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De-icing crucial before taking flight


Farah Dhalla, reporter
January 15, 2013 — Airport security conducts a series of safety checks and procedures prior to take off, but in the winter time there is one more procedure that may delay your flight.


De-icing is performed at airports where temperatures fall below freezing
De-icing is performed at airports where temperatures fall below freezing

Spraying thousands of gallons of chemical fluid onto the aircraft is crucial before it can fly. 

This process is called de-icing and is performed at airports where temperatures fall below freezing.

“As a northern city we do a lot of de-icing here in Edmonton. So we start early and go late. Edmonton or Calgary we de-ice 5 months a year,” says Steve Maybee, Director of Airport Operations. 

If large pieces of ice separate when the aircraft is in motion, they can be ingested in engines or hit propellers and cause a crash.

“It’s integral, if the aircraft has too much ice on the wings it won’t get into flight and it’s bad news after that," adds Maybee.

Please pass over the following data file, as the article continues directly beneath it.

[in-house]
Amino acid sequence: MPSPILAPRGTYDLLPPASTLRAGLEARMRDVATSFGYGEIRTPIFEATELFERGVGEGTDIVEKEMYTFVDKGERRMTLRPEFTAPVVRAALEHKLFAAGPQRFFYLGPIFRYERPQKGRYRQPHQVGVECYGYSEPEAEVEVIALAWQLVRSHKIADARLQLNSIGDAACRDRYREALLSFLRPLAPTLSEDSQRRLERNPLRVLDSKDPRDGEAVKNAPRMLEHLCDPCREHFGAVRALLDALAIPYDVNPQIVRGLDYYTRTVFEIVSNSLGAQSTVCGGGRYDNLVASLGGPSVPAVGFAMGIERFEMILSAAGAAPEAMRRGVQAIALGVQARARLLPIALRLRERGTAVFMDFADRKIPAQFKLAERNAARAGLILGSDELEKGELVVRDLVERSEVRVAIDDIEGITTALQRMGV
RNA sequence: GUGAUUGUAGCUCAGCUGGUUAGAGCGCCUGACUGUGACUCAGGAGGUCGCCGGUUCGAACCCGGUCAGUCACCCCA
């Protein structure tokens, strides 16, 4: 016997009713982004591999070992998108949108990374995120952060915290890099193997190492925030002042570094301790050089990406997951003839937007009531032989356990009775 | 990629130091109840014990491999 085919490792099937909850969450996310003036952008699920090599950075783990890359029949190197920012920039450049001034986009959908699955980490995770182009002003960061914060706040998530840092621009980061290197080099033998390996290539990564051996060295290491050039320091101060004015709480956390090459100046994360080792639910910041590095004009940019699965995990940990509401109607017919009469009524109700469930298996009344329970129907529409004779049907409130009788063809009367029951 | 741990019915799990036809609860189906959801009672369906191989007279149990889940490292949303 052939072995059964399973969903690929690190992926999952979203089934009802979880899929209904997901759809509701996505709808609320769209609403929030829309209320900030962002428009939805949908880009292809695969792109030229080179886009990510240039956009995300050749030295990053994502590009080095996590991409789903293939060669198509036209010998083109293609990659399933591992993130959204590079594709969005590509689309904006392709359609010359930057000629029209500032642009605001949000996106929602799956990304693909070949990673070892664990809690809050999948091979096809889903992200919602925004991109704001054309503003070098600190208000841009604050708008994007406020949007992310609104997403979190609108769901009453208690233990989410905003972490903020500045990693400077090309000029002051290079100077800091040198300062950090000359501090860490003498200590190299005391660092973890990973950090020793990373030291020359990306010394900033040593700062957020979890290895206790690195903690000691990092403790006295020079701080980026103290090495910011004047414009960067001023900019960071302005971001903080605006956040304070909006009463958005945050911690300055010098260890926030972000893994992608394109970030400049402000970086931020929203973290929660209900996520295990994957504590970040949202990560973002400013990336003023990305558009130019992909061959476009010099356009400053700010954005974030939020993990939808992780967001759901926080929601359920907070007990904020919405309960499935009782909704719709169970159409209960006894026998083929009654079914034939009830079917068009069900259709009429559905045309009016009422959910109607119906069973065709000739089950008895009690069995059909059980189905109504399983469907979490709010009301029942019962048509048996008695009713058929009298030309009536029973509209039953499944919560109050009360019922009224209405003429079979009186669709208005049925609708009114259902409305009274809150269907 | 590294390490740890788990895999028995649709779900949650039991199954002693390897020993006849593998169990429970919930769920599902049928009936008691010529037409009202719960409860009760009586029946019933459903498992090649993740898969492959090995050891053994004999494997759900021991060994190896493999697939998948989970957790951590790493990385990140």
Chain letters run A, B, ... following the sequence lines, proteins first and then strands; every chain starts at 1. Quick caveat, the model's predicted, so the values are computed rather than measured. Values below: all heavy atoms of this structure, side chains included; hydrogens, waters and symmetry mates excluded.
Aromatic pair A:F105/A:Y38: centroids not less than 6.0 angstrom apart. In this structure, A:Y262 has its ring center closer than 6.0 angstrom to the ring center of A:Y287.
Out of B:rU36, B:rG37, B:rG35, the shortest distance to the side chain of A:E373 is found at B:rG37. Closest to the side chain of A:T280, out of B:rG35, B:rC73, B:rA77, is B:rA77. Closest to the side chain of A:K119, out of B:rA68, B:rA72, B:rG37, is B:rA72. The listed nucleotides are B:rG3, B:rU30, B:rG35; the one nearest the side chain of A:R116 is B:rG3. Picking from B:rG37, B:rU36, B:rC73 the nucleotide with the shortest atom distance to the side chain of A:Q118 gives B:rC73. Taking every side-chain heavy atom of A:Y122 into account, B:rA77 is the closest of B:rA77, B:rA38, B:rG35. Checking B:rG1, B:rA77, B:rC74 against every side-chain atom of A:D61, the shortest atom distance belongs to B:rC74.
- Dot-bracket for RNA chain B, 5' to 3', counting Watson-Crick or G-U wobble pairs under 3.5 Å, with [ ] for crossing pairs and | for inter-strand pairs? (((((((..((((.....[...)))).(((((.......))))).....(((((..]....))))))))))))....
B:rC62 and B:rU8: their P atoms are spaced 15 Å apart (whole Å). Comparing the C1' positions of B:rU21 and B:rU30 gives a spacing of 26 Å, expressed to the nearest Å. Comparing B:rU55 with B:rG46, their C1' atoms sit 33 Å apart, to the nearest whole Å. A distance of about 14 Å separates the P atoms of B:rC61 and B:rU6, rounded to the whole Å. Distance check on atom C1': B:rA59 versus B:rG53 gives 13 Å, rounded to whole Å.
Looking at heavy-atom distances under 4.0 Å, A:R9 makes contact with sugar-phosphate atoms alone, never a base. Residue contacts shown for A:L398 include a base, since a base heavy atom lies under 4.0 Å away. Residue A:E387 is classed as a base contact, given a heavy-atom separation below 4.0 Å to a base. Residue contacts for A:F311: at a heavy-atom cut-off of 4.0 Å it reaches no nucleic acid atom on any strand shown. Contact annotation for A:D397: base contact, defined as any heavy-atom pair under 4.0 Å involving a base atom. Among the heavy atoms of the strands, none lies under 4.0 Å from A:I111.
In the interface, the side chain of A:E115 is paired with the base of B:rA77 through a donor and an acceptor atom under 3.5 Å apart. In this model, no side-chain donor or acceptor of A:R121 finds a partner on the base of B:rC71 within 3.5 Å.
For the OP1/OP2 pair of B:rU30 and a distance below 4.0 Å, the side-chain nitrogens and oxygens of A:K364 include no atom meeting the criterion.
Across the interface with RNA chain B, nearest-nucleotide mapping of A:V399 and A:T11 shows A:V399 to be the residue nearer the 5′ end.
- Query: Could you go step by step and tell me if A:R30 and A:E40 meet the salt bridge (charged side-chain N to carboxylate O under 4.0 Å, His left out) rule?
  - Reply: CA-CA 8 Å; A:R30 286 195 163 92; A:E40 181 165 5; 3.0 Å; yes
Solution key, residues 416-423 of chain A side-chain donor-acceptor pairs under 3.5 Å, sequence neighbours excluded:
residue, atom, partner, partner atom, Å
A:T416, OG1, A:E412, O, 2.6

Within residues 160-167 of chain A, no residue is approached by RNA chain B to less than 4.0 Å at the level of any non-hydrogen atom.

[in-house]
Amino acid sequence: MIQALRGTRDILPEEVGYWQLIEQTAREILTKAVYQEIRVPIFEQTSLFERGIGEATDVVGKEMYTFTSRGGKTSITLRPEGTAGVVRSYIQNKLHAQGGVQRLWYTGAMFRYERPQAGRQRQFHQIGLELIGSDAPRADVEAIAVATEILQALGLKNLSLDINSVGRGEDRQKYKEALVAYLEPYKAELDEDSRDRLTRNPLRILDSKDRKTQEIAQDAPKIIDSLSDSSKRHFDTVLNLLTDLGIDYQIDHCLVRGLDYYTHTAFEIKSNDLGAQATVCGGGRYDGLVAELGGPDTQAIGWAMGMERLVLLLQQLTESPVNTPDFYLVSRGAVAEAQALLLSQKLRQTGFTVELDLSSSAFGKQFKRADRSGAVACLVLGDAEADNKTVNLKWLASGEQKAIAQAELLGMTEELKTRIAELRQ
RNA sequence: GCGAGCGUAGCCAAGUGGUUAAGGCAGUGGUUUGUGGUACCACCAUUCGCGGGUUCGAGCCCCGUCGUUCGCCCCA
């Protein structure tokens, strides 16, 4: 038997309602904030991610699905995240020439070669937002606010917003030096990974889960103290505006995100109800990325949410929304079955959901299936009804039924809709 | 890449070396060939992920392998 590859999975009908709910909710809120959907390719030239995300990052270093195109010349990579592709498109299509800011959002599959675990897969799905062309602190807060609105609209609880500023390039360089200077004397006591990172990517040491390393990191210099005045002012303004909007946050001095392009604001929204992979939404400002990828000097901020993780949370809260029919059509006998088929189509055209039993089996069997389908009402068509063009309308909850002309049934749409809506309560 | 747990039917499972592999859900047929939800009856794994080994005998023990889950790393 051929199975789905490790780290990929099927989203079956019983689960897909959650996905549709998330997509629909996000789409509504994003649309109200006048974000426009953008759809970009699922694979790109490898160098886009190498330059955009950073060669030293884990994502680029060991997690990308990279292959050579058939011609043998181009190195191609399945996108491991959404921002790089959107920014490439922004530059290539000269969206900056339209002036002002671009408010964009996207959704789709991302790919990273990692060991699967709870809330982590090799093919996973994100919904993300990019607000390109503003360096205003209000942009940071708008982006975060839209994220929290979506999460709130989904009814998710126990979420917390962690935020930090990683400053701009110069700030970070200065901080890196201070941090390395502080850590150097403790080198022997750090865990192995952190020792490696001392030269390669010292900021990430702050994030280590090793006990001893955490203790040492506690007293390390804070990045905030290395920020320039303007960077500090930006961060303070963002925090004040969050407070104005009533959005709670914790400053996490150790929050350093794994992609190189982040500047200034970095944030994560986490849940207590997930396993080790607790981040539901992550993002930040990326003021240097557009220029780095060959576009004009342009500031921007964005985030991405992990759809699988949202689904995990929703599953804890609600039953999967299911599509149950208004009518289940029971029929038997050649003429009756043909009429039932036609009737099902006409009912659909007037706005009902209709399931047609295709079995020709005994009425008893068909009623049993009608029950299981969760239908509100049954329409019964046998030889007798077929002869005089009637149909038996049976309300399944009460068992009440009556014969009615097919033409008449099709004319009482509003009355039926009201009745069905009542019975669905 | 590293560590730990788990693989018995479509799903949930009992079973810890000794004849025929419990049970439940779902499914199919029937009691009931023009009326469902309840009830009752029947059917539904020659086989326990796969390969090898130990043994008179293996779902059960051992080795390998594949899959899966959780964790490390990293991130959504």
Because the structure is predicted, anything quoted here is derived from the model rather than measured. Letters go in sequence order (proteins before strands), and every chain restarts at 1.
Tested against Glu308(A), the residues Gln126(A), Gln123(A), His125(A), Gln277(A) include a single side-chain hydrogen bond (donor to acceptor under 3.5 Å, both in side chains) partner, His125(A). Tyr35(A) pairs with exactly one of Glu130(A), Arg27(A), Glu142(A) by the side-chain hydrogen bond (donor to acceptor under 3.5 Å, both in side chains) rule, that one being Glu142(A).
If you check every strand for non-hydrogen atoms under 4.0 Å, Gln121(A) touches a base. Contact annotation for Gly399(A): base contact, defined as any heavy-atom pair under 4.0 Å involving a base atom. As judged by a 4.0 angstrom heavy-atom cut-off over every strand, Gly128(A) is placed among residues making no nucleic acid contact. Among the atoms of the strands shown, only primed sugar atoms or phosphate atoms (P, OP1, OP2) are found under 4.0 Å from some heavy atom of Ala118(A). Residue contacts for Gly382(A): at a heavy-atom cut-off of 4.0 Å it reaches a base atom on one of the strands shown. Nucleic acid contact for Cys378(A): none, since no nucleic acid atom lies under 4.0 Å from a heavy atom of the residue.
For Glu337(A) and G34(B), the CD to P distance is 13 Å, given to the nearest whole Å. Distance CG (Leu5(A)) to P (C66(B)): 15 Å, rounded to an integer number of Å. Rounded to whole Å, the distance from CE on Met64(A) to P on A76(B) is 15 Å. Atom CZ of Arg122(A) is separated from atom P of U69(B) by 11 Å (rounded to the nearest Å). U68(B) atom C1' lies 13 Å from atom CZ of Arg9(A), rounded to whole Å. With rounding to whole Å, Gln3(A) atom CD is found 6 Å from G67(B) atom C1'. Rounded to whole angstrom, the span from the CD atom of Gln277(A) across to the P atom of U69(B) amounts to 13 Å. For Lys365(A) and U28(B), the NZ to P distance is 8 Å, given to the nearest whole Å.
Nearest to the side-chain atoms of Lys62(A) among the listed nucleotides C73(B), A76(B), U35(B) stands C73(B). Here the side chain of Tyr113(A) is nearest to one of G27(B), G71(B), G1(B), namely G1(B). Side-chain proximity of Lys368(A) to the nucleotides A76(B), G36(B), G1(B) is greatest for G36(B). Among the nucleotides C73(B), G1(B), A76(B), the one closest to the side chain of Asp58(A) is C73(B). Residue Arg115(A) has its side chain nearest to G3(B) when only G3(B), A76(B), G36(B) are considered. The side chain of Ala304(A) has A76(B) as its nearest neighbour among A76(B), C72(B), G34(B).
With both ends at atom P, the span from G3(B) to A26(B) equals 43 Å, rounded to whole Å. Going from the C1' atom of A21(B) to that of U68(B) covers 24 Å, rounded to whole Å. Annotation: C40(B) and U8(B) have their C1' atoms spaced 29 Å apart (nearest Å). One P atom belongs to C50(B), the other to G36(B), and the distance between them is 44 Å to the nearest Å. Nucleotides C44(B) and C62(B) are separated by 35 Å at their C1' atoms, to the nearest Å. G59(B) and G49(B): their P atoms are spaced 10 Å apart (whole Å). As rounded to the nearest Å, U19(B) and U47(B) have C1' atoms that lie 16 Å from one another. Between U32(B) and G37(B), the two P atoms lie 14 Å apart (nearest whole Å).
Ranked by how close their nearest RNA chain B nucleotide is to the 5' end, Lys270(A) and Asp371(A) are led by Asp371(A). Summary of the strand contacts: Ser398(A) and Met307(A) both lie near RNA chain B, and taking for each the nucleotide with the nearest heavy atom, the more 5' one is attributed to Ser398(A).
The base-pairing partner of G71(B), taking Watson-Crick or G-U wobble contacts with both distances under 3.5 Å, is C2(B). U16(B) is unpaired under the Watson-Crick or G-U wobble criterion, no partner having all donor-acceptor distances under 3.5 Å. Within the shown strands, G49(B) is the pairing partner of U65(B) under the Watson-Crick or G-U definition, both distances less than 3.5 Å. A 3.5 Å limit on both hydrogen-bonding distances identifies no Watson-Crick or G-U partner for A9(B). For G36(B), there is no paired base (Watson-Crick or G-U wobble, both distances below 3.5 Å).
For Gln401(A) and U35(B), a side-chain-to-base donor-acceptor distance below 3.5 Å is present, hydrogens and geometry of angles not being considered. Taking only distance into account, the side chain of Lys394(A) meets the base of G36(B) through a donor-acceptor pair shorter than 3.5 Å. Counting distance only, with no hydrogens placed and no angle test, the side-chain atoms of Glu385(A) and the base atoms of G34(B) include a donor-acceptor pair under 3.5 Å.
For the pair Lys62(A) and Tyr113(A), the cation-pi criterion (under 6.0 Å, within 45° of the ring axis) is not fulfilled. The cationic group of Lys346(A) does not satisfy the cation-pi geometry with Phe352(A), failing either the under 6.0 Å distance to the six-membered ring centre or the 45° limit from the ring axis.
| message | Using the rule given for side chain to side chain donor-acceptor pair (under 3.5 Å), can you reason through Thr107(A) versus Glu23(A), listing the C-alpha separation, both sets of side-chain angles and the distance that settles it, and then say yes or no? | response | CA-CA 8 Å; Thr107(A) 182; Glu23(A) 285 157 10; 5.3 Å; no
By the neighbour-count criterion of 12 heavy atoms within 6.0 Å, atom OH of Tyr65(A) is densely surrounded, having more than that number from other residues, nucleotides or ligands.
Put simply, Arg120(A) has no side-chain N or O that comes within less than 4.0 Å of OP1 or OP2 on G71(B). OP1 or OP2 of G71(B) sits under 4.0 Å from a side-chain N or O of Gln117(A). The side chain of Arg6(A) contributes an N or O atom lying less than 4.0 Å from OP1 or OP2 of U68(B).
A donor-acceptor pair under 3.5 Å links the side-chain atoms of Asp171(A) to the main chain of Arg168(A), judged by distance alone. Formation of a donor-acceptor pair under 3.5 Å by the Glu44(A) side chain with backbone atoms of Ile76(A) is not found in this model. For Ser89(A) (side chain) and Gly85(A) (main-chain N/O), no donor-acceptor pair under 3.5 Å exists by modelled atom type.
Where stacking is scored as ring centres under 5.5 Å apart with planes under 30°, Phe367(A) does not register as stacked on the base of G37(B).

The de-icing procedure delays the reformation of ice for a certain period of time by lowering the point at which water freezes over on the planes surface.

If the aircraft has too much ice on the wings it won’t get into flight
If the aircraft has too much ice on the wings it won’t get into flight

In December of 2009, the mercury dipped to a frigid -46°C at the Edmonton airport. With the wind chill it felt more like -59 making it the coldest place in North America and second coldest in the world, next to Siberia.

But due to the airport’s state of the art de-icing process the weather had minimal impact on departures that day. 

This winter however, airport authority say they've had to do more de-icing than ever before. 

"We've done over 4000 aircrafts, over a million litres of glycol, we’re on pace of double what we've done in past years," says Maybee. 

De-icing may take 10 to 30 minutes to complete, but is crucial before taking flight.

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